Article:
I did think the information about hangmen was interesting and apparently true to history. The author is a direct descendant of the Kusil dynasty, who were apparently the most famous line of hangmen in Bavaria. I also liked the controversy regarding the advance of medical knowledge and treatments that was universal during this time.

The book was an okay read, but not one I would enthusiastically recommend.  I am not sure if something was lost in translation?

Saturday, July 16, 2011

Looking for Salvation at the Dairy Queen

by Susan Gregg Gilmore

Don't judge a book by it's cover, which in this case looked promising based on the title. Looking for Salvation at the Dairy Queen is supposed to be a great Southern novel comparable to Fried Green Tomatoes at the Whistle Stop Cafe, but trust me the only thing they have in common is the Southern (and a great title). I found the story and characters dull and seemed to be reading just to finish the book. Much of the dialogue and storyline seemed unbelievable. I also had issue with the chronology of the narrator, Catherine Grace, because she kept bouncing around in her life from nine to eighteen years old and particularly in the beginning it was hard to decide how old she was at the moment.

The thing I find most intriguing is how highly rated this book is on Amazon. Whenever I have such difference of opinion I wonder if we've actually read the same book. If you want a great Southern novel read To Kill a Mockingbird by Harper Lee.

Monday, July 11, 2011

Girl With a Pearl Earring

by Tracy Chevalier

I first saw this book several years ago on display at B&N and considered reading it. Many times I have picked it up only to set it down for another selection. When I began the reading challenge and saw a selection for a book with gem or jewelry in the title, I knew immediately I would choose Girl With a Pearl Earring.

The book is set in a Dutch village during the 1600's and tells the story of Johannes Vermeer and several of his paintings, including the book's namesake, by whom it is narrated. Griet is a teen when she takes the job as maid to the Vermeer's. She soon catches the attention of the master and painter who begins to use her as his apprentice, teaching her to grind bones and mix paints. She even suggests a few adaptions to some works that the artist accepts.

What I really liked about this book were the descriptions of the paintings and the stories about how and why each was created (of coarse it is fictional, but fun to consider the possibility). I used this website  to find each painting Griet describes. I also liked the explorations of color and balance discussed throughout the novel. I do not have an eye for these details, but I appreciated getting a glimpse of how an artist might work and look at things.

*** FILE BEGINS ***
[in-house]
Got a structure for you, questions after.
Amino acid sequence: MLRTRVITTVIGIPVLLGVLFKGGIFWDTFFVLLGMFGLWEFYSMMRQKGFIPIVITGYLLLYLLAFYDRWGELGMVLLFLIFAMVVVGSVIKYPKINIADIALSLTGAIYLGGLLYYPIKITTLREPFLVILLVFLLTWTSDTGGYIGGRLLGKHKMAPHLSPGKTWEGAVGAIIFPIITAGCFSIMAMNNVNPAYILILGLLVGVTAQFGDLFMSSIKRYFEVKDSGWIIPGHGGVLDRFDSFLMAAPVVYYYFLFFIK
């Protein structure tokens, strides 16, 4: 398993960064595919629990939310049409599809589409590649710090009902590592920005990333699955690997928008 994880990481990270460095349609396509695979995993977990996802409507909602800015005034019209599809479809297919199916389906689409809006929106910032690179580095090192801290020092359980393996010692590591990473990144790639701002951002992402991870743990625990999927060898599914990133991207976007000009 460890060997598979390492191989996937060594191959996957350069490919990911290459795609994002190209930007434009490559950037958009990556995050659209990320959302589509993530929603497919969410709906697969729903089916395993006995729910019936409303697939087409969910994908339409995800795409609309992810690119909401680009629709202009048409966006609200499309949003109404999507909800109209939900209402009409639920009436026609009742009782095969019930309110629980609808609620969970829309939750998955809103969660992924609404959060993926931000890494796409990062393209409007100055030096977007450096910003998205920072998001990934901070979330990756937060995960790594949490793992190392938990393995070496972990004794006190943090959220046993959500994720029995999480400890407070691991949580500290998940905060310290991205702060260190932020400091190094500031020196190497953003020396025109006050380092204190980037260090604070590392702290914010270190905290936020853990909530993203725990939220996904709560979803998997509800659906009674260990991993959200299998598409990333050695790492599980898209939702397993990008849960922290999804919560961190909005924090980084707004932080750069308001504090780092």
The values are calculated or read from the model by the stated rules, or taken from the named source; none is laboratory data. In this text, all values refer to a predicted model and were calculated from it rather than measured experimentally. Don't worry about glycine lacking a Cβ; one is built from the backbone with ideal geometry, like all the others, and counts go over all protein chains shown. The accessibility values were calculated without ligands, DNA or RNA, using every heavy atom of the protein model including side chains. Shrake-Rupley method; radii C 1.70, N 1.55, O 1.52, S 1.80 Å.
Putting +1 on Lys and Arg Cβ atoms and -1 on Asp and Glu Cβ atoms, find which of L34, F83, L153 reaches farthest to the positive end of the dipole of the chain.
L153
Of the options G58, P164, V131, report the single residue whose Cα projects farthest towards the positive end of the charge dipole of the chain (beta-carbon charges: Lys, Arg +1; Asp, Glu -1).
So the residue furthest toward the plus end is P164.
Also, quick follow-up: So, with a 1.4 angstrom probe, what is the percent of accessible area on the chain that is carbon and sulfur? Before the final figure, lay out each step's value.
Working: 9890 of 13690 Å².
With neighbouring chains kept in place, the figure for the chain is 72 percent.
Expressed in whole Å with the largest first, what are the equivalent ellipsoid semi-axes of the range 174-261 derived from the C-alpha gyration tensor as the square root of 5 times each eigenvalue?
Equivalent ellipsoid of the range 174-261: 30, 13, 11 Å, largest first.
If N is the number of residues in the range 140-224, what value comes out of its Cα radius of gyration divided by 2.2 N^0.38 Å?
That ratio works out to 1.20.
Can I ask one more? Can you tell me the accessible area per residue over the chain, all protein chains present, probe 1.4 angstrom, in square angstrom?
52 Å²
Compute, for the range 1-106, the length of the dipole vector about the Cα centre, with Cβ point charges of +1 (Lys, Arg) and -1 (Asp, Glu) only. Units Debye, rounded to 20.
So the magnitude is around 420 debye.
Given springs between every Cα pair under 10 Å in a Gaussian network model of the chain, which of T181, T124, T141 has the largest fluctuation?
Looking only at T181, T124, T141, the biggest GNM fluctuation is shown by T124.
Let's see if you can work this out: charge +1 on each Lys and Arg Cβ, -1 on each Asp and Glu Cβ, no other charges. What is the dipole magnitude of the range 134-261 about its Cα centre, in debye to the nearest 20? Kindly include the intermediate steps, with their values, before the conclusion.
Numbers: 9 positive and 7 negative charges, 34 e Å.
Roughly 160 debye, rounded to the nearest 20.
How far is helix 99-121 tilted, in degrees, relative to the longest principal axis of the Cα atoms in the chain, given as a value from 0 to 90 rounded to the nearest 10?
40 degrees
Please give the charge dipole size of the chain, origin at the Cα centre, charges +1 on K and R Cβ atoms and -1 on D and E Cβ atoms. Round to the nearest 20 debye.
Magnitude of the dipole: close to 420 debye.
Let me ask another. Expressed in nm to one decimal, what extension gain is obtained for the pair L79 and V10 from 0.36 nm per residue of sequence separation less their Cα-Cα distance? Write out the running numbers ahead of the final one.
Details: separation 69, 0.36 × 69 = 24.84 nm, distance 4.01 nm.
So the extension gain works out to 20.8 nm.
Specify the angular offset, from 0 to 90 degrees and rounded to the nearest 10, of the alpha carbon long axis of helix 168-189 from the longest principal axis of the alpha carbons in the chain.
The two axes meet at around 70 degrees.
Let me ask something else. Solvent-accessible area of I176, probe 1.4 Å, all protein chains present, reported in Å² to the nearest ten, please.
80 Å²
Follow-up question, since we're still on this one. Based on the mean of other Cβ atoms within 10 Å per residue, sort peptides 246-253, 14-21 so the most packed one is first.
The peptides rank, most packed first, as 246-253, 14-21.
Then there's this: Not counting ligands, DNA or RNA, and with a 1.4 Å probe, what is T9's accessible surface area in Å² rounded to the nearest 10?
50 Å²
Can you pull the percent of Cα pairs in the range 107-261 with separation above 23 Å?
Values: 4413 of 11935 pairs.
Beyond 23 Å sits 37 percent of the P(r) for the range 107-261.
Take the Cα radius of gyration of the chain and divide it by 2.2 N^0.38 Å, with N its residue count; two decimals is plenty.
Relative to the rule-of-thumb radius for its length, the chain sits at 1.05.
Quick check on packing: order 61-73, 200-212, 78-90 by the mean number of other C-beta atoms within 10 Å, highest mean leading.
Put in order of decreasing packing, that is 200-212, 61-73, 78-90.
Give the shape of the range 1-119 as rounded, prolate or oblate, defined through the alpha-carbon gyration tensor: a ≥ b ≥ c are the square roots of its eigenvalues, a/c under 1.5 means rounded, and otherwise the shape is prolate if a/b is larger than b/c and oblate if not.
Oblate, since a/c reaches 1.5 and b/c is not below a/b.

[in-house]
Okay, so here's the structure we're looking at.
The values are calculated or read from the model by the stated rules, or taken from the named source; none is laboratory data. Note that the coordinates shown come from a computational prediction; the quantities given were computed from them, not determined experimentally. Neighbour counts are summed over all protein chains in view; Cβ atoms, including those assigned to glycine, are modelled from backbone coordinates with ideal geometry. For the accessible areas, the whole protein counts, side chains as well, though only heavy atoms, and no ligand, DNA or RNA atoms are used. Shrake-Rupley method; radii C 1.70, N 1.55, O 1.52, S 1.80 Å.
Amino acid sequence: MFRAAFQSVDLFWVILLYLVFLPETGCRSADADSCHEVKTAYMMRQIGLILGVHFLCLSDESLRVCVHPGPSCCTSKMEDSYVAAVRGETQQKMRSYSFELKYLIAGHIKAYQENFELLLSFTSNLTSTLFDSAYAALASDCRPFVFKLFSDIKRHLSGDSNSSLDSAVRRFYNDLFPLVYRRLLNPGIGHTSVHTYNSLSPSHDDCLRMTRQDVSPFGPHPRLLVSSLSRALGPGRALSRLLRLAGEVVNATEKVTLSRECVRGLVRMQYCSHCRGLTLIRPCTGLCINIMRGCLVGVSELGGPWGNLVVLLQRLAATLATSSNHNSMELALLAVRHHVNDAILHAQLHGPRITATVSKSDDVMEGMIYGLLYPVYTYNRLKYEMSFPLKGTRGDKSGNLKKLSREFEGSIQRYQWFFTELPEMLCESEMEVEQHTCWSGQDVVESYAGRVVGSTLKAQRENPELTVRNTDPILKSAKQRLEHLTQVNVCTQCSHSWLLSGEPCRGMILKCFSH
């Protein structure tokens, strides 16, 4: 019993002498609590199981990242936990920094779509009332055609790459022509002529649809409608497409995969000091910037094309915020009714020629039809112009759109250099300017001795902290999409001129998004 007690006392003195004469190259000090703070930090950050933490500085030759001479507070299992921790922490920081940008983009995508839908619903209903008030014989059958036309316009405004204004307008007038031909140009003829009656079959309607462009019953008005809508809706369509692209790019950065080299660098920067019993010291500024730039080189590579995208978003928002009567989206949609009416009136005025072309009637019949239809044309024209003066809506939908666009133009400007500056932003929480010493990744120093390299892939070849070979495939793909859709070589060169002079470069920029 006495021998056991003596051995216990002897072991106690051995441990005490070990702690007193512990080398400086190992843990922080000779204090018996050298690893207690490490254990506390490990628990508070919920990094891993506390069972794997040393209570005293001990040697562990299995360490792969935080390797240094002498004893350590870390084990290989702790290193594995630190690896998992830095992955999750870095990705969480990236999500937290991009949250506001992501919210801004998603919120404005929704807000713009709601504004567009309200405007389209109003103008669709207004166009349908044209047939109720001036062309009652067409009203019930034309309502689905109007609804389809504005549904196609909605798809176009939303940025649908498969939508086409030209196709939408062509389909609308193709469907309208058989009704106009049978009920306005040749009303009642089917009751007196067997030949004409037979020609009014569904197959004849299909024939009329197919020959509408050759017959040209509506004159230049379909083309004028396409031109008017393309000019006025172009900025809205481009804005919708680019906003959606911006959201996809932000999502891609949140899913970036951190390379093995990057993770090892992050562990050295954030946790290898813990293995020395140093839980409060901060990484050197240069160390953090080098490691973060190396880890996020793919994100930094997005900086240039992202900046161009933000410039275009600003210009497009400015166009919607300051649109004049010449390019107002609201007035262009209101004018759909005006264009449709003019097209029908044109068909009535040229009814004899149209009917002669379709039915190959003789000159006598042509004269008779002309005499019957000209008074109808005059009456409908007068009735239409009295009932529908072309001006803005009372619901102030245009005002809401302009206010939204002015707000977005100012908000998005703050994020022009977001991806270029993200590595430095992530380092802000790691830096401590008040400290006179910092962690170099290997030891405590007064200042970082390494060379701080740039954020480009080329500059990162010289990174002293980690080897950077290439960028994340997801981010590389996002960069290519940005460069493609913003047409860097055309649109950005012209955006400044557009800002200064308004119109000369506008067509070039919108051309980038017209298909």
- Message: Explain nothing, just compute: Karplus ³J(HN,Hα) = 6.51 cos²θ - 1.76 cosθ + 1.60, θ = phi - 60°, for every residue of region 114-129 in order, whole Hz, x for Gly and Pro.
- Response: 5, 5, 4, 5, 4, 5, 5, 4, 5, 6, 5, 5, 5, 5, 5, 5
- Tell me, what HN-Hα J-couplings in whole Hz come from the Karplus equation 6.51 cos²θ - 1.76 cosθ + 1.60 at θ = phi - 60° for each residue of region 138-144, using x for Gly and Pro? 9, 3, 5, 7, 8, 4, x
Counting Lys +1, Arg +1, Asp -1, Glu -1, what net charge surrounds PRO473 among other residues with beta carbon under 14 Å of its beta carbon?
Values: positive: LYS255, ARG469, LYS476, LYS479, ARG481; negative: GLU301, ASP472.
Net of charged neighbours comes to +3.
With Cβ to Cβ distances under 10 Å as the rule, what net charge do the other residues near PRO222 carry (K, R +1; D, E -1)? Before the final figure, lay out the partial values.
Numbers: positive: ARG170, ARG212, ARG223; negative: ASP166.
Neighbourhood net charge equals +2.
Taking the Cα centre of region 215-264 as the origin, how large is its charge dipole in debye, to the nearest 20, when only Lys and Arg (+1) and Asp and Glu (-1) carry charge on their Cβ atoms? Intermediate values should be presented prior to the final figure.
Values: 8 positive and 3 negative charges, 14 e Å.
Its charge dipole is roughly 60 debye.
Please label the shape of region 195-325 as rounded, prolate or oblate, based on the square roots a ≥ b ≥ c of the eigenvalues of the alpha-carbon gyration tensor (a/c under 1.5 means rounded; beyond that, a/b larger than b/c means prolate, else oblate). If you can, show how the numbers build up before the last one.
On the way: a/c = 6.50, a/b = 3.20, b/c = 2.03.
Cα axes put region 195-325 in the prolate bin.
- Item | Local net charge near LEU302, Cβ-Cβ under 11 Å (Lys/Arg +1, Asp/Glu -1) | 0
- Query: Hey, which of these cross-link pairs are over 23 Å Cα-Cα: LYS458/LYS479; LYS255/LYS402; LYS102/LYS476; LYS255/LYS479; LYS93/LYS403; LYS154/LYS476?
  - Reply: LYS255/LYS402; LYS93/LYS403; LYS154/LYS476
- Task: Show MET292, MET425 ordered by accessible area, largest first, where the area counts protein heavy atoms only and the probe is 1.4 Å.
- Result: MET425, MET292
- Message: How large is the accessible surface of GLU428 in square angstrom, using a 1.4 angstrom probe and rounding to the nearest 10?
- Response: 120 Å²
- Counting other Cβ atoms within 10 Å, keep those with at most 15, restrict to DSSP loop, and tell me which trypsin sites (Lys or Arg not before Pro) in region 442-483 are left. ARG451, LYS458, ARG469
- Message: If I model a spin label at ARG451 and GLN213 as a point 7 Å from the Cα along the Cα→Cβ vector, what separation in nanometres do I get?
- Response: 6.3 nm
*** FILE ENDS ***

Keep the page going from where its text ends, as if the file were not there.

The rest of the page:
Now I need a trip to view these paintings in real life: New York, Washington DC, or Amsterdam would do!

Friday, July 8, 2011

Thirteen Reasons Why

by Jay Asher

This isn't really a book to like or dislike because of the seriousness of the topic: teen suicide. I am sure suicide should be addressed more openly and I believe Asher was trying to create a discussion starter in Thirteen Reasons Why. As I read this book, I tried to look at it from the perspective intended (Young Adult) and I think the author did present many stressors faced by teens, from fitting in, drinking, drugs and sex to loneliness. Two characters narrate the story, often in alternating paragraphs or sentences.

The main thing that makes this a bit disturbing is that one narrator, Hannah, has committed suicide and has left her story behind in a series of tapes for a number of her peers that she "blamed" for her decision to end her life. The other narrator, Clay, is one of those on the list listening to the tapes as the story of Hannah's troubles unfold. Although I had trouble with Hannah's blame game, it is sadly probably realistic from a teen's point of view. She just took common high school incidents very hard and couldn't get past them, so they started piling up beyond where she could be positive about anything and even to the point of self-sabotage.

One of the main messages I took from this book is our responsibility to others, how our actions affect the lives of others, often in ways we might never realize. Also how important it is for us to be sensitive and maybe even looking for those in trouble.

I honestly can't say if I would want my teen to read this book because I think it gave too much credence to the idea of a suicide victim blaming others and didn't get to a point of how that person could face and deal with their distress.

This was our July book club selection and I realized it can also count toward my book challenge as a book with a number in the title. Killed two birds with one stone!

Thursday, July 7, 2011


by Michelle Moran

When I began reading Nefertiti I thought I would like the story, but as it progressed through time I was just reading to finish the book. I don't know a lot of Egyptian history so as I read, I also did some google searches just to get a perspective on accuracy. This book did make many speculations on what little is actually known about Nefertiti and to some extent that has to be expected in a fictional account. A few inaccuracies bothered me because they weren't necessary for the story line, so why not be factual when you can?